History & Development of PRISMA
Systematic reviews and meta-analyses have become increasingly important in health
care. Clinicians read them to keep up to date with their field [1,2], and they are often used as a starting point for
developing clinical practice guidelines. Granting agencies may require a systematic
review to ensure there is justification for further research , and some health care journals are moving in this direction
. As with all research,
the value of a systematic review depends on what was done, what was found, and the
clarity of reporting. As with other publications, the reporting quality of systematic
reviews varies, limiting readers’ ability to assess the strengths and weaknesses
of those reviews.
Several early studies evaluated the quality of review reports. In 1987, Mulrow examined
50 review articles published in four leading medical journals in 1985 and 1986 and
found that none met all eight explicit scientific criteria, such as a quality assessment
of included studies .
In 1987, Sacks and colleagues 
evaluated the adequacy of reporting of 83 meta-analyses on 23 characteristics in
six domains. Reporting was generally poor; between one and 14 characteristics were
adequately reported (mean = 7.7; standard deviation = 2.7). A 1996 update of this
study found little improvement .
In 1999, to address the suboptimal reporting of meta-analyses, an international
group developed a guidance called the QUOROM Statement (QUality Of Reporting Of
Meta-analyses), which focused on the reporting of meta-analyses of randomized controlled
In 2009, the guideline was updated to address several conceptual and practical advances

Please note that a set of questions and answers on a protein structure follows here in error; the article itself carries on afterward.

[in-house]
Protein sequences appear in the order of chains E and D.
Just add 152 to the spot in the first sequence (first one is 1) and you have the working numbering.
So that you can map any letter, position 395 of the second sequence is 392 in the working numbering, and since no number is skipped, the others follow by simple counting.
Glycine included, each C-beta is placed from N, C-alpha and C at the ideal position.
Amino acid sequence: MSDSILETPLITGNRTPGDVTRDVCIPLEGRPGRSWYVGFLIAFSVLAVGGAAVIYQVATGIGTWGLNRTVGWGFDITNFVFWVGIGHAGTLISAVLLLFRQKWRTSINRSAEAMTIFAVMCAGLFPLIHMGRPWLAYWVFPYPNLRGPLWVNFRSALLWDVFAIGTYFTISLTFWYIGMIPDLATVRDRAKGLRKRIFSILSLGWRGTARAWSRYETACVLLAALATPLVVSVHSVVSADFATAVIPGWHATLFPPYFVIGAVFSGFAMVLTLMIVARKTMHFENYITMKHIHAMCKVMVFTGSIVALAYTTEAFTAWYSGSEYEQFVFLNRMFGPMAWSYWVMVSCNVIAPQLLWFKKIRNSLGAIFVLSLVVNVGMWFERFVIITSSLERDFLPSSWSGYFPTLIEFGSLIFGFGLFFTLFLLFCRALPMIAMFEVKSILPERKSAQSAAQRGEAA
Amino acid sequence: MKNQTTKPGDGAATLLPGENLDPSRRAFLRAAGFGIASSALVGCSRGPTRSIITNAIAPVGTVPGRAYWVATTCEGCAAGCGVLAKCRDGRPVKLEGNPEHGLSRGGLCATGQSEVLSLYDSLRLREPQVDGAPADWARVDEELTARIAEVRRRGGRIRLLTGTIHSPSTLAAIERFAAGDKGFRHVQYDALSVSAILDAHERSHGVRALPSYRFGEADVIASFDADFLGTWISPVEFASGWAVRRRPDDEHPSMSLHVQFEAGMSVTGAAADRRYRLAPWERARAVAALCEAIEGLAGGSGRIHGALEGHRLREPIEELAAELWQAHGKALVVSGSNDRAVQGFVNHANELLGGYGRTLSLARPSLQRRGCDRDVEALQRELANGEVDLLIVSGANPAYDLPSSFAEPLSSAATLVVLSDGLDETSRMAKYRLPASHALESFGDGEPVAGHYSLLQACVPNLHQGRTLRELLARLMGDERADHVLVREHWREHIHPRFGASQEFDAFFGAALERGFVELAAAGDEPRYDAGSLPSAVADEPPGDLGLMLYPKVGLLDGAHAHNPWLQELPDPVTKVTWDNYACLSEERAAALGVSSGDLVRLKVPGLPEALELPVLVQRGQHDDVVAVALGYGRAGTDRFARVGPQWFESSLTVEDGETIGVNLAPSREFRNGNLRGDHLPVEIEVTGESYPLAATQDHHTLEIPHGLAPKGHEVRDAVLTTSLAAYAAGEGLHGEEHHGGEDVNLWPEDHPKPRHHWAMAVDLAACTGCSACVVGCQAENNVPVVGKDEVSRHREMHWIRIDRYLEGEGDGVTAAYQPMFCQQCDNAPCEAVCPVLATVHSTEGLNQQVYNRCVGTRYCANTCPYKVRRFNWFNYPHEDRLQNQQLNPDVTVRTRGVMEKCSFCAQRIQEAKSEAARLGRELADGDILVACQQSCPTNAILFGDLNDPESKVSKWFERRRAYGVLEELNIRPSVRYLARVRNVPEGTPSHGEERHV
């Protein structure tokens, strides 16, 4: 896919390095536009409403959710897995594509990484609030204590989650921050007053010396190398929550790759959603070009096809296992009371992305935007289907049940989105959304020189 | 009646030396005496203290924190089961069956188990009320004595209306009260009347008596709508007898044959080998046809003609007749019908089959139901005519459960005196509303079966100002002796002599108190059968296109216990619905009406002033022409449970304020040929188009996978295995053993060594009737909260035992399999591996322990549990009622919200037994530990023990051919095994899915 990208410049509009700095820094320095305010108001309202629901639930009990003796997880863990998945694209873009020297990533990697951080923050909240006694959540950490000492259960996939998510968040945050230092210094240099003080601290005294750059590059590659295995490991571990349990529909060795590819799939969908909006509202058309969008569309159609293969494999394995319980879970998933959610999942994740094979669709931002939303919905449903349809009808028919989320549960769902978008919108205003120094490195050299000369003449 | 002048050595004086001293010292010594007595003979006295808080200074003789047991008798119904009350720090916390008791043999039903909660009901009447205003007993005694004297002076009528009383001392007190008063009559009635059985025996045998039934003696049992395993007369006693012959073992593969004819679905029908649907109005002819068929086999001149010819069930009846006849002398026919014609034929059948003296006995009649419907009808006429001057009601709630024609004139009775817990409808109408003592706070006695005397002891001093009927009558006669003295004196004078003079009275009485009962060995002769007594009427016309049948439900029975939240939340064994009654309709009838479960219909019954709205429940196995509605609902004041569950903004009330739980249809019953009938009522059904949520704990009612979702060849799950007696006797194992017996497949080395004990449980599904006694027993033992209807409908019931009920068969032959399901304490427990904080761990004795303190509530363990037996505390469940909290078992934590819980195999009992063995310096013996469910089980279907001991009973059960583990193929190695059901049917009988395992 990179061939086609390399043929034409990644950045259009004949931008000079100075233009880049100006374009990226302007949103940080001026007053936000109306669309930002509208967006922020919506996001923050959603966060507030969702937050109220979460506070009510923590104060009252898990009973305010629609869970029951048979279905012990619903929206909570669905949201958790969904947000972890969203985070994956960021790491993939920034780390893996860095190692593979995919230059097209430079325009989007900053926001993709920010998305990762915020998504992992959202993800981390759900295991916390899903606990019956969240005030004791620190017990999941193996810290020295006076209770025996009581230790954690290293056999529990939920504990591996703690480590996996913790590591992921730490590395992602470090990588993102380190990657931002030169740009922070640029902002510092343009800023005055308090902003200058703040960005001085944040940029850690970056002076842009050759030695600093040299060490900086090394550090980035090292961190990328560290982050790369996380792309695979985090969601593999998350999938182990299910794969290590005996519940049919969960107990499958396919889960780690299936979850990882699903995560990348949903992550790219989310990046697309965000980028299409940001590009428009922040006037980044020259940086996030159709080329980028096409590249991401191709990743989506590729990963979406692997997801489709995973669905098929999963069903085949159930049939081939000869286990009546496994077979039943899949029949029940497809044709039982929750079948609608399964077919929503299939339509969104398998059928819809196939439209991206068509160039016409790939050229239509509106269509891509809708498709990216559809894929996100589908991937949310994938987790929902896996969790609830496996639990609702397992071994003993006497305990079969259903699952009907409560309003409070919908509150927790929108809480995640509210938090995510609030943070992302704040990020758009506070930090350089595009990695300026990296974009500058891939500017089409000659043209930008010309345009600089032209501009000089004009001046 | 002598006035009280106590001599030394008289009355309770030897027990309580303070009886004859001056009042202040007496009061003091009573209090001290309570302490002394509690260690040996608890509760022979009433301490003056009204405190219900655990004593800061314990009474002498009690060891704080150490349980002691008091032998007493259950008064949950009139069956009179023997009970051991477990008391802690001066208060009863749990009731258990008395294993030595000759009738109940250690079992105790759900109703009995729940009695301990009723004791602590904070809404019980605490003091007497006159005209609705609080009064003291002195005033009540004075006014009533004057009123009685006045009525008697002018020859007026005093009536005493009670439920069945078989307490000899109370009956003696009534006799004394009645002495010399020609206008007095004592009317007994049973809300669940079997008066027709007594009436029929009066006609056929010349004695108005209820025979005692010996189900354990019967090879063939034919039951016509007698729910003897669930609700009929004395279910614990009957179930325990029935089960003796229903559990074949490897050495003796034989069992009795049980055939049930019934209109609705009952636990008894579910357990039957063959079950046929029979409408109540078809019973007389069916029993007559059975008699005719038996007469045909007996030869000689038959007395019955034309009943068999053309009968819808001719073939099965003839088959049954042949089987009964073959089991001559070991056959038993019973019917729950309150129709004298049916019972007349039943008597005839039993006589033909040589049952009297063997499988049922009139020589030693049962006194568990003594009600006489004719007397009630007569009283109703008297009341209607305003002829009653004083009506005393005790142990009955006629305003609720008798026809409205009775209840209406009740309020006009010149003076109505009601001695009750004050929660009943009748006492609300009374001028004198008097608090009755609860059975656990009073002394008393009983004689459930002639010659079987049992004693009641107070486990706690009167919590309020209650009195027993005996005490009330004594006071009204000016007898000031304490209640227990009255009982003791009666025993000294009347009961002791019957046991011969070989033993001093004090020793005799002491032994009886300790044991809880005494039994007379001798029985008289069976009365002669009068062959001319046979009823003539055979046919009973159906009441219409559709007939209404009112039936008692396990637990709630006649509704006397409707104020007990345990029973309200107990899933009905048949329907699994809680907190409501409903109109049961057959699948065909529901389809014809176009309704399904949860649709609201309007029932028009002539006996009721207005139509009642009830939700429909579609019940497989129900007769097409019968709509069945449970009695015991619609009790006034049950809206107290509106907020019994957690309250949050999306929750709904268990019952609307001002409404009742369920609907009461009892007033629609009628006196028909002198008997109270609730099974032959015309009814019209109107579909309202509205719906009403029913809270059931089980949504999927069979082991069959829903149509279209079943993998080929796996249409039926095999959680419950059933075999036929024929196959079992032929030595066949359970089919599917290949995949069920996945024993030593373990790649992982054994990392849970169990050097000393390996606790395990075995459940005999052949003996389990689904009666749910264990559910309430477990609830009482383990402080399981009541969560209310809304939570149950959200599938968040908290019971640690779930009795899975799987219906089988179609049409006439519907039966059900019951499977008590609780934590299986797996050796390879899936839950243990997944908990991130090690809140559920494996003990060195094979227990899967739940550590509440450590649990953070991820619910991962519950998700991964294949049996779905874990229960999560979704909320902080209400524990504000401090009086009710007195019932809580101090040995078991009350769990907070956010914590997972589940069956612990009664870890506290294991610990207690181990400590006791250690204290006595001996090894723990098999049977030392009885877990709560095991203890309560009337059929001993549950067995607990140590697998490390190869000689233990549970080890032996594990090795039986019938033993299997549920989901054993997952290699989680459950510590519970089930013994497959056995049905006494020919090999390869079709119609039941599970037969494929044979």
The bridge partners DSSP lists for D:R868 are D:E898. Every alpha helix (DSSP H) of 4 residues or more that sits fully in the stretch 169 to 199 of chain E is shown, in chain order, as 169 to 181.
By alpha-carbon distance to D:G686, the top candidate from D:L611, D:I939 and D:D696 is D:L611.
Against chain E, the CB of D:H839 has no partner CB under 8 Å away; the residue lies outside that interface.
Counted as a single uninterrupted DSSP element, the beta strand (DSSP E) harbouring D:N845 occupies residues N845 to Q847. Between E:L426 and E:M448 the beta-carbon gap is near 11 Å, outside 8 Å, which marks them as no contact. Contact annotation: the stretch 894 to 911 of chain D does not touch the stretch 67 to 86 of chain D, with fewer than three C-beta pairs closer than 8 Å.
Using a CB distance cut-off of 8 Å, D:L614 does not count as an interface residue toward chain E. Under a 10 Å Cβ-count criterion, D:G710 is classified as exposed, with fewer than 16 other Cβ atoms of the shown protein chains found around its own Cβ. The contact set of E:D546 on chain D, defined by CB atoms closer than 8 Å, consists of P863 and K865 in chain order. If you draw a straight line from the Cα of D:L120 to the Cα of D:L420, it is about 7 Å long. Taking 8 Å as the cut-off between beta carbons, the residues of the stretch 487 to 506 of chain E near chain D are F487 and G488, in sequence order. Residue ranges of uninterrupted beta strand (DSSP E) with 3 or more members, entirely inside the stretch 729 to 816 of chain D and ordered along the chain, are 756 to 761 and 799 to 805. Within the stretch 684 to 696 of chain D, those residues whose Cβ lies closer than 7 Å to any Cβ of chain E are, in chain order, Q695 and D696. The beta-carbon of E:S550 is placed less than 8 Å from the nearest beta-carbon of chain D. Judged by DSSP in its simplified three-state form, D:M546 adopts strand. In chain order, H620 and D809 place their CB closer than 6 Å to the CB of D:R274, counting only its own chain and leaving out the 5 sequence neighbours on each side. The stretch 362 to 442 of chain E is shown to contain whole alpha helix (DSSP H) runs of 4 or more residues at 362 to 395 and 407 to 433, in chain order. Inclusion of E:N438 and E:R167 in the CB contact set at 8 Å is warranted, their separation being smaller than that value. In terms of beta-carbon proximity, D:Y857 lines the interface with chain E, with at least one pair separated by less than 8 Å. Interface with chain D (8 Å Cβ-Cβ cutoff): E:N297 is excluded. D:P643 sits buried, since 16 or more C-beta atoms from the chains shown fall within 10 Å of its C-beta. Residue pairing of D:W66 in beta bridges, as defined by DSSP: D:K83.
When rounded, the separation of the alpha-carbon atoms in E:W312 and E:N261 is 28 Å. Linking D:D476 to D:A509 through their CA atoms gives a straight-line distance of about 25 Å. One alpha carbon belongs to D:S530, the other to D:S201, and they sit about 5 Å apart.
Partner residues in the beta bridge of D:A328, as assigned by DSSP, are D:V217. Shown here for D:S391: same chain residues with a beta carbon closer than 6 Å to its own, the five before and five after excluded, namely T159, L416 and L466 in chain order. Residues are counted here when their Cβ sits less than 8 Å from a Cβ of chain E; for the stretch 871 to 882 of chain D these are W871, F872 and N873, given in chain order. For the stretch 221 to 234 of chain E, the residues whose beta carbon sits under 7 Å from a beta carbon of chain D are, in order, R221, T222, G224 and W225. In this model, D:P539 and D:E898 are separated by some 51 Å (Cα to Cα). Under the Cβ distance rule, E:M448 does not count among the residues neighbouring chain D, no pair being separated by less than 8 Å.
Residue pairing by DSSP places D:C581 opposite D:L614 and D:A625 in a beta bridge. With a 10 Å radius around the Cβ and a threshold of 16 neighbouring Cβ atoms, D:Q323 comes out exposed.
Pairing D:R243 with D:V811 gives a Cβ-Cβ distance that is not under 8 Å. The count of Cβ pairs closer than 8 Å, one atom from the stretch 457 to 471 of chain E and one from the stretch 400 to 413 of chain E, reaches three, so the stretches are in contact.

in the science of systematic reviews, and was renamed PRISMA (Preferred Reporting
Items of Systematic reviews and Meta-Analyses).
- Oxman AD, Cook DJ, Guyatt GH (1994) Users’ guides to the medical literature. VI.
How to use an overview. Evidence-Based Medicine Working Group. JAMA 272: 1367-1371.
- Swingler GH, Volmink J, Ioannidis JP (2003) Number of published systematic reviews
and global burden of disease: Database analysis. BMJ 327: 1083-1084.
- Canadian Institutes of Health Research (2006) Randomized controlled trials registration/application
checklist (12/2006). Available: http://www.cihr-irsc.gc.ca/e/documents/rct_reg_e.pdf.
Accessed 19 May 2009
- Young C, Horton R (2005) Putting clinical trials into context. Lancet 366: 107.
- Mulrow CD (1987) The medical review article: State of the science. Ann Intern Med
- Sacks HS, Berrier J, Reitman D, Ancona-Berk VA, Chalmers TC (1987) Meta-analysis
of randomized controlled trials. New Engl J Med 316: 450-455.
- Sacks HS, Reitman D, Pagano D, Kupelnick B (1996) Meta-analysis: An update. Mt Sinai
J Med 63: 216-224.
- Moher D, Cook DJ, Eastwood S, Olkin I, Rennie D, et al. for the QUOROM group (1999)
Improving the quality of reporting of meta-analysis of randomized controlled trials:
The QUOROM statement. Lancet 354: 1896-1900.